Giant’s Reign has been evolving for years now, generally getting both lighter and slacker with each passing season. The 2011 version is no exception. What’s more, it receives a tapered-steerer-compatible Overdrive head tube that’s raked out by 1.5° compared to the 2010 bike.
Ride & handling: Stiff and light but rear suspension never gave the performance we expected
With the Reign, Giant have ticked all the essential contemporary long-travel trail bike boxes. The 67.5° head angle extends the front centre of the bike by more than 1cm, increasing confidence and stability in high speed, ‘lean back and let it fly’ situations. While the bar width isn’t freeride wide, it’s long enough for reassuring leverage, and the stubby 70mm stem on our medium-sized bike is bang-on for making light work of quick-reaction situations.
There’s definite twist in the fork tips, but the Overdrive head tube steers the Kenda Nevegal front tyre with predictable accuracy. Rear wheel tracking is tight, although the long rear end means the Reign prefers to stay in a straight line rather than snap round quickly. You can make it more responsive and manageable by dropping the Fox 32 TALAS fork travel down to 120mm (4.7in).
The lower front end also keeps the bike more controllable on sharp climbs, where the light, fast-reacting wheelset and the broad middle ring range of the transmission make a big difference to altitude-gain enthusiasm. However, despite an extremely intense 25-hour ride period on the bike, the rear suspension never felt like we wanted it too.
We set sag in the normal way, made sure we were getting full travel and wound and toggled through every rebound and compression damping setting. Whatever we tried, the short 200mm shock always felt overworked and inert, reacting to bumps more like a 5in-travel bike than a 6in one. The ProPedal platform damping lever was also essential to stop mushy bob under power.
A definite disappointment and confusing considering we’re happy with the way the same system works on the 4in-travel Anthem, the 5in Trance and the 7in Faith. Add the long wheelbase stability and this ultimately leaves the Reign feeling best suited for long-distance big hill work rather than short attention span, big-risk rides.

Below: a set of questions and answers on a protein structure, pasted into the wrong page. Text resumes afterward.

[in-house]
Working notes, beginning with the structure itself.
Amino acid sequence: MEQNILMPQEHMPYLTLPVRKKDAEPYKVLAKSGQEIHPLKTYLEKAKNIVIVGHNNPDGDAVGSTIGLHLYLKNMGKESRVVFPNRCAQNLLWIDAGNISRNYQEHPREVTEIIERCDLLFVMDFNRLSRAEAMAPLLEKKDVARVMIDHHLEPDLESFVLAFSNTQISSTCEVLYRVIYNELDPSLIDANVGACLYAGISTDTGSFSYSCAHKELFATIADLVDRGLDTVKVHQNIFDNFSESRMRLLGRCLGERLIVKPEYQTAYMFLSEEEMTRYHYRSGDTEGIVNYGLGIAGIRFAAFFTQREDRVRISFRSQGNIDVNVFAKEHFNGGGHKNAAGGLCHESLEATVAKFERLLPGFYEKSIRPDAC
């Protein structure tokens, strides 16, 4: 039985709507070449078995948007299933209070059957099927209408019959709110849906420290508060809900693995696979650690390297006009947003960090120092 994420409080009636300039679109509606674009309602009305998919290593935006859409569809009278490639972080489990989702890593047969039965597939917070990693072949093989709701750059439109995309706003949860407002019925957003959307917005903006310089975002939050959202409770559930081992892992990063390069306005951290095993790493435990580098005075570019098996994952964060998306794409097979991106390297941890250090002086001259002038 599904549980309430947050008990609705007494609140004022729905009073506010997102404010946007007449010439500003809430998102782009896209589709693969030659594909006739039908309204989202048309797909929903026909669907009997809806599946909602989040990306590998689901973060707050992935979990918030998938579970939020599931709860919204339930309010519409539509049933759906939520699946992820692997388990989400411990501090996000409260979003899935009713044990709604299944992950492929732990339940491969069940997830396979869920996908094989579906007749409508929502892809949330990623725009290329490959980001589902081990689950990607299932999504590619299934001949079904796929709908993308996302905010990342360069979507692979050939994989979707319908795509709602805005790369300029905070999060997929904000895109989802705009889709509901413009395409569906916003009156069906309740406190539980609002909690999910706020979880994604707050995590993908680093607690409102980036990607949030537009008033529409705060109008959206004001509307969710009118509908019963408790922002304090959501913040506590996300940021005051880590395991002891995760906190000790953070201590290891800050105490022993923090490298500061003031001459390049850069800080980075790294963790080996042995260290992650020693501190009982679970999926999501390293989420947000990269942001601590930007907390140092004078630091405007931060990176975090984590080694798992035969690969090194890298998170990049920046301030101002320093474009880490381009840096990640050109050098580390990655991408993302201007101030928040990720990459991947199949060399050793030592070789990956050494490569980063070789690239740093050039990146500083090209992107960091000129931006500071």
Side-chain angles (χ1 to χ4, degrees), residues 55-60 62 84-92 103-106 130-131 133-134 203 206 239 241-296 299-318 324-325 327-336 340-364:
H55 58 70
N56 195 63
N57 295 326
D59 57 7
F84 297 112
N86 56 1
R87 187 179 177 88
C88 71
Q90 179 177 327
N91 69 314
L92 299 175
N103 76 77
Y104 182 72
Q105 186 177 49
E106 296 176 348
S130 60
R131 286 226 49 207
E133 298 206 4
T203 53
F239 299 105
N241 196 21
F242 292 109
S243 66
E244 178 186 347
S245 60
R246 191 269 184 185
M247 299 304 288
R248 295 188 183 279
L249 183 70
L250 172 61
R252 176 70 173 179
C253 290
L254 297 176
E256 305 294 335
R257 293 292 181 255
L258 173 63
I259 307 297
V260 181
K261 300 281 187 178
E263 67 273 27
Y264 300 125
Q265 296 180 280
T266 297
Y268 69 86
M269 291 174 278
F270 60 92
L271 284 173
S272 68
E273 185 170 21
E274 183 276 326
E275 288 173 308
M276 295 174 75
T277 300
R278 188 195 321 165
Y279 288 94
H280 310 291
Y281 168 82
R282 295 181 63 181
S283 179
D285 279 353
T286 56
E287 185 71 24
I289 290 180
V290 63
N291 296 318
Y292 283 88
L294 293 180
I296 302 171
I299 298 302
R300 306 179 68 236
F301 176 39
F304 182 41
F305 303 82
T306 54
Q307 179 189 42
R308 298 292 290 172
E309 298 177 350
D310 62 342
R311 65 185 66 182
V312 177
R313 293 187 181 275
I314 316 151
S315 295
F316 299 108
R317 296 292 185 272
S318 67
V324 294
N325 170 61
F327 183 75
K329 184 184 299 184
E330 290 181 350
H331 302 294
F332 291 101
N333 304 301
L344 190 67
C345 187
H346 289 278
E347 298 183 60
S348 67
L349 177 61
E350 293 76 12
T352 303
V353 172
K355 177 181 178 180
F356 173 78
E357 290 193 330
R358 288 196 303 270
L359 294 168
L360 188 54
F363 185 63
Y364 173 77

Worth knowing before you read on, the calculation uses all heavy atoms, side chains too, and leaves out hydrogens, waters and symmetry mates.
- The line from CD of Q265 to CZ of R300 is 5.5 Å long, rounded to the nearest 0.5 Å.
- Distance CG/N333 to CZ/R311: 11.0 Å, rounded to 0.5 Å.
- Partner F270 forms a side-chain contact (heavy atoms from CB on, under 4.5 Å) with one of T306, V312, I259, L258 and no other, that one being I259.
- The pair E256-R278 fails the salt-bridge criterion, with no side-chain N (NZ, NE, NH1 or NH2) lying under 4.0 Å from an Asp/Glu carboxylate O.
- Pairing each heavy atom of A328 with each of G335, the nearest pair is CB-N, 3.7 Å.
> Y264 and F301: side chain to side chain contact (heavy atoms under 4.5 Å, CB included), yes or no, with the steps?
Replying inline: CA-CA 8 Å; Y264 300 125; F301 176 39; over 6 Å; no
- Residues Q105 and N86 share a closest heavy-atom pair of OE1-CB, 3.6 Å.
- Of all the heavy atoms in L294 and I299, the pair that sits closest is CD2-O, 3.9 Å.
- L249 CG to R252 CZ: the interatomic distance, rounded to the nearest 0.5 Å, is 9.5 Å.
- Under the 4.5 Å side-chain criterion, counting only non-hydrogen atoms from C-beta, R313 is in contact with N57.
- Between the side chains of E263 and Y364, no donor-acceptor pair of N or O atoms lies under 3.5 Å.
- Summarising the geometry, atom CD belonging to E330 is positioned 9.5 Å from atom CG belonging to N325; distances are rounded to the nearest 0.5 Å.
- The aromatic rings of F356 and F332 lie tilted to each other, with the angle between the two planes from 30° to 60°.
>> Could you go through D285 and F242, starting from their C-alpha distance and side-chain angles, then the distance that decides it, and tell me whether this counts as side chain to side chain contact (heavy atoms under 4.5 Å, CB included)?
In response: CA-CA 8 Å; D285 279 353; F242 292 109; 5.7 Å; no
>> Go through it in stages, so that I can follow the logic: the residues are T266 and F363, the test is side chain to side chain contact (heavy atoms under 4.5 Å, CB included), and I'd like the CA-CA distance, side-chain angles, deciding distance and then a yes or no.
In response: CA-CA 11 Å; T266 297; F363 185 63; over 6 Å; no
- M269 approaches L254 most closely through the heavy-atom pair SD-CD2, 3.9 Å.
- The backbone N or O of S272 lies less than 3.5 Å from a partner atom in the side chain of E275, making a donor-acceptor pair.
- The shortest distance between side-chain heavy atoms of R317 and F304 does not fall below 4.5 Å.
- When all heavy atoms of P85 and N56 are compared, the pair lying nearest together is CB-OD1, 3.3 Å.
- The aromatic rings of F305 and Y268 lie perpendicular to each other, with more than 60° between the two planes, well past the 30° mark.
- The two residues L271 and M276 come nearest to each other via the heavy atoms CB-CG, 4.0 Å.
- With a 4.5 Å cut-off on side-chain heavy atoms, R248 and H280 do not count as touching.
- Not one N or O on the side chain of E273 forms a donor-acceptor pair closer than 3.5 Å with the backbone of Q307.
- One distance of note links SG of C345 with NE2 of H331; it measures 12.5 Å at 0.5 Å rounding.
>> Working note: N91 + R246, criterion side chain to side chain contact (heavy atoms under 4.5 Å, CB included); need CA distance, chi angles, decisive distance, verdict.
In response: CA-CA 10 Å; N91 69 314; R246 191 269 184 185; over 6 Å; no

Giant reign 0: giant reign 0 Russell Burton
Frame & equipment: Totally reworked chassis decked out with cross-country spec kit
The totally reworked frame now has a multi-sided, thinner-walled down tube and other hydroformed pipes to shave weight, plus the linkages and chainstay yokes have been trimmed extensively. A press-fit bottom bracket, DMD front mech and post-style rear brake mount save even more weight and bring the frame bang up to date. But the Reign keeps hold of its forebear’s 152mm-travel (6in) Maestro twin linkage suspension.
Elsewhere, the neat cable routing includes clips under the rocker pivot, there’s a conventional bottle cage mount and a Y brace ahead of the wheel removes the need for a tyre-cramping bridge across the stays. Having a dropper seatpost as standard gets round previous Reigns’ seatpost-lowering issues, caused by the curved seat tube, although the seat quick-release looks cheap for a flagship bike.
While the slacker frame suggests a more aggro orientation, the kit definitely positions the Reign in the long-travel trail category. The Fox 32 TALAS RC fork is one of the lightest 150mm-travel (5.9in) adjustable forks available. Even with a 15QR screw-through axle, it’s relatively flexy and lacks the gold-coloured Kashima coating of 2011 aftermarket forks, though.
Hidden under a dark limited edition colourway are a pair of DT Swiss Tricon wheels. They’re seriously pricey and stiff but super-light. The rims are narrow though, and the DT Swiss RWS skewer needs careful use to avoid stripping the plastic ratchet. The colour-coded Avid Elixir CR brakes have lightweight 185/160mm alloy spider rotors, while the 690mm-wide Giant Contact bars are carbon fibre.
You also get a full triple chainset, 30-speed Dyna-Sys XT transmission and a Fi’zi:k Gobi saddle – the distance rider’s favourite. In fact, the only concessions to more aggressive riding are a soft Stick-E compound front tyre and remote control CrankBrothers Joplin 4 dropper seatpost. Constant ‘auto drop’ problems with our post and several others on the Giant demo fleet suggest the latter may prove an unreliable addition to the mix.
The adjustable seatpost now gets round curved tube clearances, but the reliability of our sample was disappointing: the adjustable seatpost now gets round curved tube clearances, but the reliability of our sample was disappointing Russell Burton